Total Wine gets approval to open 8th Twin Cities store

It's good news if you're looking to buy cheap booze.

Another Total Wine & More liquor store is coming to the Twin Cities, which is good news for people looking to buy cheap booze.

The Minnetonka City Council voted Monday night to approve an off-sale liquor license for Total Wine at 14200 Wayzata Blvd. This comes a few months after the city initially denied the store's proposal to open a Minnetonka store because officials said the city had enough liquor stores.

To keep the number of liquor stores down in Minnetonka, Total Wine agreed to buy two of them – Big Top Liquor and US Liquor & Wine. Those stores will be closed prior to Total Wine opening its nearly 26,000-square-foot store just north of Interstate 394 and just east of Interstate 494, city documents show.

Construction on the store is expected to take five to six months.

The Minnetonka City Council is expected to vote on whether to allow Target to open a liquor store later this month, the Star Tribune says.

Good for you, bad for other liquor stores

This will be the eighth Total Wine in the Twin Cities since the chain entered the market a few years ago.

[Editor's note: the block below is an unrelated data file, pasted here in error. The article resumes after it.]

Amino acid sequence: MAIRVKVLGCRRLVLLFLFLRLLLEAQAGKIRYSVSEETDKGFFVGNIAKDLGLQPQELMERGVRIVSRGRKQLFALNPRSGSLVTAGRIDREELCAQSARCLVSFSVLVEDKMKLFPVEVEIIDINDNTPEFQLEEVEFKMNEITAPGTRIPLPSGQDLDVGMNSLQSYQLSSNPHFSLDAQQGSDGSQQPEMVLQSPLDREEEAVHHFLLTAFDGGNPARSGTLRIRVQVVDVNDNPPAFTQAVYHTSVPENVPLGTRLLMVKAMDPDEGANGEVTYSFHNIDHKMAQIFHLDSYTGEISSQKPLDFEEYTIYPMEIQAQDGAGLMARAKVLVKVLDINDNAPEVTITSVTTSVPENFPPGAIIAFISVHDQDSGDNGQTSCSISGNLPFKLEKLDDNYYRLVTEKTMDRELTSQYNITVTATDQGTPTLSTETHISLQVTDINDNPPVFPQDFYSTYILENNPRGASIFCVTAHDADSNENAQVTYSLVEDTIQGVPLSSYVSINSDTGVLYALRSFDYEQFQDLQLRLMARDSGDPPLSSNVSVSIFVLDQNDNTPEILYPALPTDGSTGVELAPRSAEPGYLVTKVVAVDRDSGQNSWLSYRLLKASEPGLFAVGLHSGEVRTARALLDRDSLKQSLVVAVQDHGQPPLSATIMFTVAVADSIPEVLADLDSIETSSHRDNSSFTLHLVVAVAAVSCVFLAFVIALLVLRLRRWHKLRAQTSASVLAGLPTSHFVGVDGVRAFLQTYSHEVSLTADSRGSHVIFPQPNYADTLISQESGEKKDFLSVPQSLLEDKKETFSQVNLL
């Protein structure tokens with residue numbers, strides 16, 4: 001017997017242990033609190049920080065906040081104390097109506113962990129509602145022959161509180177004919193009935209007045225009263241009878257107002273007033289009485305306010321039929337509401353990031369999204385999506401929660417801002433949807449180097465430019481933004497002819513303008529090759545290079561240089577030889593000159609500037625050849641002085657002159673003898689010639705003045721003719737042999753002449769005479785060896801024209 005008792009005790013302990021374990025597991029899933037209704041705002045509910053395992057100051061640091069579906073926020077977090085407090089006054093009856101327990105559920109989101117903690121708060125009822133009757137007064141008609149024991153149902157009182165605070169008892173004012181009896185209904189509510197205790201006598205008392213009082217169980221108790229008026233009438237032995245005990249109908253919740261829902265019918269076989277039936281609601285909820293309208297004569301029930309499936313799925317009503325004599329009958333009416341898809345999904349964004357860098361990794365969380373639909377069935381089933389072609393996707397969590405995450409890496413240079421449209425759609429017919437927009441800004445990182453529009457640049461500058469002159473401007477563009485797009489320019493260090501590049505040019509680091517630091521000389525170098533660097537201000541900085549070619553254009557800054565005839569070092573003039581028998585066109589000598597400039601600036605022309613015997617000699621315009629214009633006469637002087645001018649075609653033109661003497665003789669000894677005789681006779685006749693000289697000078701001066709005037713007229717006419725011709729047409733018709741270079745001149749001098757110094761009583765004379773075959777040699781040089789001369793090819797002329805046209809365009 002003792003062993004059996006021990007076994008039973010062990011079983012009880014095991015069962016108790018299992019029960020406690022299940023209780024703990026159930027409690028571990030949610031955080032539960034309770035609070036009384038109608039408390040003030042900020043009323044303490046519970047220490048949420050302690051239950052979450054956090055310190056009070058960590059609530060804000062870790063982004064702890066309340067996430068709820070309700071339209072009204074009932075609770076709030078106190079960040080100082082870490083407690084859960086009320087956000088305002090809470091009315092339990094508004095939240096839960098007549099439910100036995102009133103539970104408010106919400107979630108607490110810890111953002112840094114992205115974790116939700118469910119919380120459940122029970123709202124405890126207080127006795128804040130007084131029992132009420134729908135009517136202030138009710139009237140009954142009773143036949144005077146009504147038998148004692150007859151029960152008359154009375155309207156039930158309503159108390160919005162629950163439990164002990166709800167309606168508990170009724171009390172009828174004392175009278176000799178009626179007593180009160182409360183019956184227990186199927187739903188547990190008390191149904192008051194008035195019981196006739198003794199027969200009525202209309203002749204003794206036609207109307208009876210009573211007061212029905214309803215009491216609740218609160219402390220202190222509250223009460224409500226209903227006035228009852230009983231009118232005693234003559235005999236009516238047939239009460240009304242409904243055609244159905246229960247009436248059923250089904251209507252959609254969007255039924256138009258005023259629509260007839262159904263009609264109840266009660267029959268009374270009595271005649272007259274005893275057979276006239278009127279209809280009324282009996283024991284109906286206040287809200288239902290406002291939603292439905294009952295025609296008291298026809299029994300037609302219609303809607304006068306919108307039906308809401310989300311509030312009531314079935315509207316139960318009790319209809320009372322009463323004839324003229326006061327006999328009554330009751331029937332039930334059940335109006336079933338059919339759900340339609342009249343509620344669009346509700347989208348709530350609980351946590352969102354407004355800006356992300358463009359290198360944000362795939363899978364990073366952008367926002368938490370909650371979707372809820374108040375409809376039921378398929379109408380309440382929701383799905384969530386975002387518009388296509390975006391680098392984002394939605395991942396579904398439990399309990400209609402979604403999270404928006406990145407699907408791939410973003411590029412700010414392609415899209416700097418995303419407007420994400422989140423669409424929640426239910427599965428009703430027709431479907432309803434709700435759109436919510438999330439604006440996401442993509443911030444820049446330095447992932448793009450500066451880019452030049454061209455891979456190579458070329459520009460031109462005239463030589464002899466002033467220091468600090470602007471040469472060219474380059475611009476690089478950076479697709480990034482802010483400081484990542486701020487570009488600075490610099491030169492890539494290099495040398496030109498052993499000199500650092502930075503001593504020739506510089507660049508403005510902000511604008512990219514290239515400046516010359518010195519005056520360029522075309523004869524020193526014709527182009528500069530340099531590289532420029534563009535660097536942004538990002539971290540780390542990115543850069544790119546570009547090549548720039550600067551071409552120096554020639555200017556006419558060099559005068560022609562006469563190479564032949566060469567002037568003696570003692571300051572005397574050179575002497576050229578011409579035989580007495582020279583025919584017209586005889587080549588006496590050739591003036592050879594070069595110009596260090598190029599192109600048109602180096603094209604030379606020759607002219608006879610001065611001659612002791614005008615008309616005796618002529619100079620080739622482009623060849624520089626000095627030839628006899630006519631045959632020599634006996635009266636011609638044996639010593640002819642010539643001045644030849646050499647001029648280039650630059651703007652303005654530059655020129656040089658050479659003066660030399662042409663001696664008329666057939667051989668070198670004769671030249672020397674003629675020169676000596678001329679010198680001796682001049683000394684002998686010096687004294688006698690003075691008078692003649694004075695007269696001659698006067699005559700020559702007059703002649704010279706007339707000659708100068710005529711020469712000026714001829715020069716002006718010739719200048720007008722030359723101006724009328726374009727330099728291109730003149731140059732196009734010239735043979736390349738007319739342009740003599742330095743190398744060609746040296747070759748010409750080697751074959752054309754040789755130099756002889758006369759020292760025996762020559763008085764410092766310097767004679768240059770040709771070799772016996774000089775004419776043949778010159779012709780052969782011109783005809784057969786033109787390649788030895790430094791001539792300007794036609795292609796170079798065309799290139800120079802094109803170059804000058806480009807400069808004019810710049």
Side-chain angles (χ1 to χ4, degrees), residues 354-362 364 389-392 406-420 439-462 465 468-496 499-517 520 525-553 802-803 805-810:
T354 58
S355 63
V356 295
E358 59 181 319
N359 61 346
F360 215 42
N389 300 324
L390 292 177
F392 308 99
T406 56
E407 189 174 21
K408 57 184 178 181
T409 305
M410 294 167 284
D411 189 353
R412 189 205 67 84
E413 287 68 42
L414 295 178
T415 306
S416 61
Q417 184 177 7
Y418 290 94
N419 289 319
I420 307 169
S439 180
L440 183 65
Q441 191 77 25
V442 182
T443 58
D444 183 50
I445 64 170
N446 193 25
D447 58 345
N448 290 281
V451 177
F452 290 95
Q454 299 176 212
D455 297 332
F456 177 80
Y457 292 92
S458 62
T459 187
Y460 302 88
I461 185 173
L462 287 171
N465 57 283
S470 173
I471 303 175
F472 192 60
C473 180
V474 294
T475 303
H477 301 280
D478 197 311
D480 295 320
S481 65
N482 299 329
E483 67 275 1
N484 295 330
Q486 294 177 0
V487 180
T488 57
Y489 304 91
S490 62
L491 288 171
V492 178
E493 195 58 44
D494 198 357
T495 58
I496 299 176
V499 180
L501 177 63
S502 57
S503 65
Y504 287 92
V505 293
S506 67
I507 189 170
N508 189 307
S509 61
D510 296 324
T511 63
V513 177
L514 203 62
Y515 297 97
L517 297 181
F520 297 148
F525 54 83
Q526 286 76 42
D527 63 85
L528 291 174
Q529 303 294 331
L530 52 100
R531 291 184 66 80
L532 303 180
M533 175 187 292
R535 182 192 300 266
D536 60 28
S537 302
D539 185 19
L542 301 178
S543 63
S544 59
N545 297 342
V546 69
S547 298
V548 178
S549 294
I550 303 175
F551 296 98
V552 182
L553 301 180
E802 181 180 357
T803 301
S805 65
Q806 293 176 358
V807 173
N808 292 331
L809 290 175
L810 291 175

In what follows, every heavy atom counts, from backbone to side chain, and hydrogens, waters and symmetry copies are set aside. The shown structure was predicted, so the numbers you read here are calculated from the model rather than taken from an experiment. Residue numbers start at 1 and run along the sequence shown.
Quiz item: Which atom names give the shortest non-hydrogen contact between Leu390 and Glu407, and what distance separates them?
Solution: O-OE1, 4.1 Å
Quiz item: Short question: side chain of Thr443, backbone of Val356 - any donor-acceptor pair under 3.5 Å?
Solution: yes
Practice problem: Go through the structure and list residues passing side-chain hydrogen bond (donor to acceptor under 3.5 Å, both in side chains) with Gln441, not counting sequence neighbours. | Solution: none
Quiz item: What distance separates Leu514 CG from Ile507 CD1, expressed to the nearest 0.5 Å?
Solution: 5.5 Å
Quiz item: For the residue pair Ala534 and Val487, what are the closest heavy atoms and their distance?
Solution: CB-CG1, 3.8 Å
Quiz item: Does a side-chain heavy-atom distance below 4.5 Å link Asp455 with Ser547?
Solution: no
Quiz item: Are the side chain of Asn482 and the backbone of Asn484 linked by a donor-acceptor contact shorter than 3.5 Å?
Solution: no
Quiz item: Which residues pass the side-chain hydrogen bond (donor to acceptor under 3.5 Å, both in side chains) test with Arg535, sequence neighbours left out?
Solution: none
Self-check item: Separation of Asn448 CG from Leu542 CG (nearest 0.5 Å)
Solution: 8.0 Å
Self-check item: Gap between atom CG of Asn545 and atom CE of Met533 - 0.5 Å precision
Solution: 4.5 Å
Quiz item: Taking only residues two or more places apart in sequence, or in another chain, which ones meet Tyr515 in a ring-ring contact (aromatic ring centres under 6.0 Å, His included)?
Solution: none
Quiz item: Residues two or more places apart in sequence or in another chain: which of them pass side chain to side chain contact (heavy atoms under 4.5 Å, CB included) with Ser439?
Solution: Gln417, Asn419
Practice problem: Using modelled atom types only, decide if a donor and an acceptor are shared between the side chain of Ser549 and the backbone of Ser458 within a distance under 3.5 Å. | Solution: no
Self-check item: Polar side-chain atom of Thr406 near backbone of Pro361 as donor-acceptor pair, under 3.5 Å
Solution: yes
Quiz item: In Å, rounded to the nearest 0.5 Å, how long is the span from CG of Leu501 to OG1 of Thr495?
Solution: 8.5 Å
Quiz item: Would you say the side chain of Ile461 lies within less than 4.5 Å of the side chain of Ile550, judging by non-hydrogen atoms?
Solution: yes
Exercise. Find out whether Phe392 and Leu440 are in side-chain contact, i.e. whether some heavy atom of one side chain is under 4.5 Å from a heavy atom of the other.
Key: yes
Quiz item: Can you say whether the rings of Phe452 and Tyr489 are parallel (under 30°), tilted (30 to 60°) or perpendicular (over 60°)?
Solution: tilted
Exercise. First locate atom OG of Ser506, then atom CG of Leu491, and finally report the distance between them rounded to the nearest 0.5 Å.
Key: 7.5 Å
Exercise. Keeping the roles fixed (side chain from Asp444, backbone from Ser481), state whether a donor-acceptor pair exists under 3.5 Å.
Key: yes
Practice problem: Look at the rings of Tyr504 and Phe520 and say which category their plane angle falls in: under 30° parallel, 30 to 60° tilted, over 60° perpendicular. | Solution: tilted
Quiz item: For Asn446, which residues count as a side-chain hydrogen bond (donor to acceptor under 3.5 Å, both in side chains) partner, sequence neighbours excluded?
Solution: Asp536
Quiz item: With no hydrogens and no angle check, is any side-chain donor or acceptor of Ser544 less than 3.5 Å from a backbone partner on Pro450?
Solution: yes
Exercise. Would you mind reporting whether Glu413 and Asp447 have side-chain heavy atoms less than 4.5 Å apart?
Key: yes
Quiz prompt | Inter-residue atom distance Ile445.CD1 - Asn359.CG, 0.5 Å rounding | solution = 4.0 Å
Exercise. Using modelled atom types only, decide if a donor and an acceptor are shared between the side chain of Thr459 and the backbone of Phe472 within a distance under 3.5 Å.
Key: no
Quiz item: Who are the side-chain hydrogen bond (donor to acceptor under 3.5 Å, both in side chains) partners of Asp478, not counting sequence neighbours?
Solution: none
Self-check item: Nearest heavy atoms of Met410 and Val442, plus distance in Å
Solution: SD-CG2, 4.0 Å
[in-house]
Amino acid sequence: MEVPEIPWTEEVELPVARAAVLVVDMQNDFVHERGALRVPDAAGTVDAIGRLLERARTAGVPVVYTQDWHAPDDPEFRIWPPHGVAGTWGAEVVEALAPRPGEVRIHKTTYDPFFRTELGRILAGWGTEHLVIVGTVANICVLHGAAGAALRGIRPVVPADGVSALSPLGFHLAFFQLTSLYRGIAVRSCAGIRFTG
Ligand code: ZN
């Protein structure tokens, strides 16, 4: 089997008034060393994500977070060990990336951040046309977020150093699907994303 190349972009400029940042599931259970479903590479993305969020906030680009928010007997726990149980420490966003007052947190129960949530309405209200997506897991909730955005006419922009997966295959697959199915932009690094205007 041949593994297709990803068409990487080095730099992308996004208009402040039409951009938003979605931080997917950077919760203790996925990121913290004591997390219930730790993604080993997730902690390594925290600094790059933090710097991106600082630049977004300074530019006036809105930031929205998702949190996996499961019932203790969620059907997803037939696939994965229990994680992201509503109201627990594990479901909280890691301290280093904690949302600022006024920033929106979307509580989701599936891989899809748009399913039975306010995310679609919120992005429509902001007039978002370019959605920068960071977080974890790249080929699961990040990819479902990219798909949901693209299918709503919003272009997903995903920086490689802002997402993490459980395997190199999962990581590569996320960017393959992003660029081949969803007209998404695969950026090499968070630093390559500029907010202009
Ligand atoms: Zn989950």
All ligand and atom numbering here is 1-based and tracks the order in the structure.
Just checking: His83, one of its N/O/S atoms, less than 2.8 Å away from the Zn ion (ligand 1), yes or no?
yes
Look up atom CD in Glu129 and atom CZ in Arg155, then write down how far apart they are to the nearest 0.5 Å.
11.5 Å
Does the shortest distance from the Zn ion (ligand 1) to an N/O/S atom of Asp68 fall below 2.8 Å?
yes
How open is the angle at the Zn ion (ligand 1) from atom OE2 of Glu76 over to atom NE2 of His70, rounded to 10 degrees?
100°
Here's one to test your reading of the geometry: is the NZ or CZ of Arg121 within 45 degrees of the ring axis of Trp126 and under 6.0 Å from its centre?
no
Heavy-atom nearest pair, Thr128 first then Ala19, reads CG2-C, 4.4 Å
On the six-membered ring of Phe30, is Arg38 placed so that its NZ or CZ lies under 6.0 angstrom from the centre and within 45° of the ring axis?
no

It's good news for the consumer because Total Wine tends to sell booze at cheaper prices than many of its competitors. Watchdog Minnesota said Total Wine does this by cutting prices on well-known brands to get people in the door, and then it marks up proprietary products like wine to compensate.

But Total Wine's business model has been criticized by municipal and mom-and-pop liquor stores, some of which have reported a loss in revenue and have been forced to lower their prices to stay competitive with big-box liquor stores. For example, in March 2015, municipal liquor stores in Edina reported they lost $765,000 because Total Wine opened a store in nearby Bloomington.

These small, independent liquor stores could see more trouble in the months to come as Sunday sales becomes legal. The Pioneer Press explained this problem, and how these small liquor stores are worried that being open on Sunday will hurt their bottom line – and encourage more big-box stores to open in the state.

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